THE AGE OF THE BACHELOR by Howard P. Chudacoff

THE AGE OF THE BACHELOR

Creating an American Subculture
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KIRKUS REVIEW

Scholarly but never dusty, this vivid study examines the salacious, sensuous bachelor lifestyle at the height of its prominence from 1880 to 1920. Chudacoff (History/Brown Univ.) deftly plies statistics to demonstrate how socioeconomic changes of the mid-19th century swelled the ranks of urban, unmarried men and forged them into a class apart with distinct organizations, morality, media, and myths. Immigration from northern and eastern Europe created a new paradigm of living arrangements for men in their teens and twenties, outside the natal home and independent of parental supervision. Boarding houses and YMCA hotels sprang up to accommodate the ever-growing ranks of restless, middle-class bachelors, not socialized enough (and perhaps too insecure) to establish their own hearth and home. By the 1880s, the concentration of young single men in America’s largest cities had created enterprises catering to their commercial demands: barber shops, pool halls, corner saloons, amusement parks, even the bizarre “taxi dances,” where ladies of moderately ill repute sold admirers the right to a dance. Particularly interesting is Chudacoff’s survey of the popular National Police Gazette, whose randy accounts of sex crimes, descriptions of sports heroes’ exploits, and advertisements for impotence cures give the reader a whimsical snapshot of the Victorian bachelor’s obsessions. The author also does a fine job of addressing the related question of homosexual relations, an almost unsolvable riddle given the paucity of written evidence of gay intimacy from that time. Overall, the reader comes away with a clearer idea of the separateness of bachelor life, a collective alienation difficult to fully imagine in our world of later marriage and long-term cohabitation. Chudacoff’s research and methodology are admirable, offering a fine mix of evidence, anecdote, biographical account, and sociological material to explore all important aspects of his subject. A well-rounded view of the turn-of-the-century bachelor, particularly valuable to readers drawn to the cultural landscape of Victorian America. (24 b&w photos, not seen)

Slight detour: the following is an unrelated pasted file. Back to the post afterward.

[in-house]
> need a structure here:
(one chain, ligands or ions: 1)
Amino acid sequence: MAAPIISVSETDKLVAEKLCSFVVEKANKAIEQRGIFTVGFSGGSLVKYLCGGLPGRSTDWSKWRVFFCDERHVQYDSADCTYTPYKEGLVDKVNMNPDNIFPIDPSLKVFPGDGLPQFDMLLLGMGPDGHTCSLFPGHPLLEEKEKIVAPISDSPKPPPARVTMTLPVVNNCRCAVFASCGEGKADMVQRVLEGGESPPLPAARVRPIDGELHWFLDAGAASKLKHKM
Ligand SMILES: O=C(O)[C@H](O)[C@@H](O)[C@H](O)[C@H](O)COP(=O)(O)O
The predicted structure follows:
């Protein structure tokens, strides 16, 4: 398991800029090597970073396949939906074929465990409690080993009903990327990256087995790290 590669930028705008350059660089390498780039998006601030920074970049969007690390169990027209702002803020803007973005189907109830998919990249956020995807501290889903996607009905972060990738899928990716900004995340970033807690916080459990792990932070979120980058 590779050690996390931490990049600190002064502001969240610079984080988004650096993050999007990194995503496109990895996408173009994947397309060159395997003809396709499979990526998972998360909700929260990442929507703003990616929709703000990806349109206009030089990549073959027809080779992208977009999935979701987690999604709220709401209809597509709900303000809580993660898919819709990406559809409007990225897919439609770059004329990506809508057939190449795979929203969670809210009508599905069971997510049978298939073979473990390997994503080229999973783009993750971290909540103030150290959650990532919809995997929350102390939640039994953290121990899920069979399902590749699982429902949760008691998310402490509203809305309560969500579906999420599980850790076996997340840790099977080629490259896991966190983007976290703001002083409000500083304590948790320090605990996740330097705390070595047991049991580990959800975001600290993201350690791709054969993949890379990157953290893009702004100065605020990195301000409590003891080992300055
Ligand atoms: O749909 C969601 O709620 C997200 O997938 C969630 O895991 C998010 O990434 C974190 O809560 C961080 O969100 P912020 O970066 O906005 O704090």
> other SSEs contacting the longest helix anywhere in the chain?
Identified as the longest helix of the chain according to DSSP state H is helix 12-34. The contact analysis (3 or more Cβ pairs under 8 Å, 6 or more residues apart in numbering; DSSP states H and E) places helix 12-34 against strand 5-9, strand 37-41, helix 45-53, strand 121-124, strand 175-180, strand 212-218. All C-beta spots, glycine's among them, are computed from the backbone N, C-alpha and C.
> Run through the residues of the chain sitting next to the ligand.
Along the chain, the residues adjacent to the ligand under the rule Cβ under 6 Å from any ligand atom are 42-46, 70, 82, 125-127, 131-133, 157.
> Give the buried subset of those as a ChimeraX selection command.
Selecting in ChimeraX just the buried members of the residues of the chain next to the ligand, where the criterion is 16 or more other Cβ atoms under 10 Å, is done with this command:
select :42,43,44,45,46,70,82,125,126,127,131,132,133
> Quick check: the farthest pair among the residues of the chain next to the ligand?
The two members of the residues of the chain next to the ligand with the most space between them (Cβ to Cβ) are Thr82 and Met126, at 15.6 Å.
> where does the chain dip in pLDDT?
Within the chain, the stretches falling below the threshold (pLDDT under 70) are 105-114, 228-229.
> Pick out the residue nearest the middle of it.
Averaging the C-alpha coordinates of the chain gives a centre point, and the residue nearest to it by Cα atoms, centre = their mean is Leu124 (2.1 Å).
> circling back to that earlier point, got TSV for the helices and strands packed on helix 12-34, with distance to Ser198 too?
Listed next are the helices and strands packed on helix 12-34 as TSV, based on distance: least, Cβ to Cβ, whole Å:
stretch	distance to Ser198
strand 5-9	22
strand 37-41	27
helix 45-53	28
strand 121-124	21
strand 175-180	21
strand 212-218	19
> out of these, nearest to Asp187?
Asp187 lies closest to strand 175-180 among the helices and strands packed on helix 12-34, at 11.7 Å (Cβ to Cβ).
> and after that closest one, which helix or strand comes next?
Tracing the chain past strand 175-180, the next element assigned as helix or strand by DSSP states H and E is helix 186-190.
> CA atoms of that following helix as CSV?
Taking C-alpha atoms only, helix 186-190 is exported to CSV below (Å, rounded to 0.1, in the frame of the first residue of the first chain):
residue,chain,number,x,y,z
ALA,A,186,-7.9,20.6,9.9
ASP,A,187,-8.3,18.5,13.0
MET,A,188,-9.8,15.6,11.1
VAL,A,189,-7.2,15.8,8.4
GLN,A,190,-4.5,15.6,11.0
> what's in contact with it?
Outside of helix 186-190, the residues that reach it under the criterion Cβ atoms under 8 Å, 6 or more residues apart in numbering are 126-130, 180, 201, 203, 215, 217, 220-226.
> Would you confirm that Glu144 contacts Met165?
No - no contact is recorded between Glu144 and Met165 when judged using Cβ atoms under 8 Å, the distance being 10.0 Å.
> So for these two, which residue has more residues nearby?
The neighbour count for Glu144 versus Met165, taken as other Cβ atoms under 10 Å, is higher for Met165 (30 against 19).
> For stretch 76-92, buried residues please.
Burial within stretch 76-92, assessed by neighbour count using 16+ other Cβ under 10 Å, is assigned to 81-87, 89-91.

Pub Date: April 1st, 1999
ISBN: 0-691-02796-X
Page count: 376pp
Publisher: Princeton Univ.
Review Posted Online:
Kirkus Reviews Issue: March 1st, 1999




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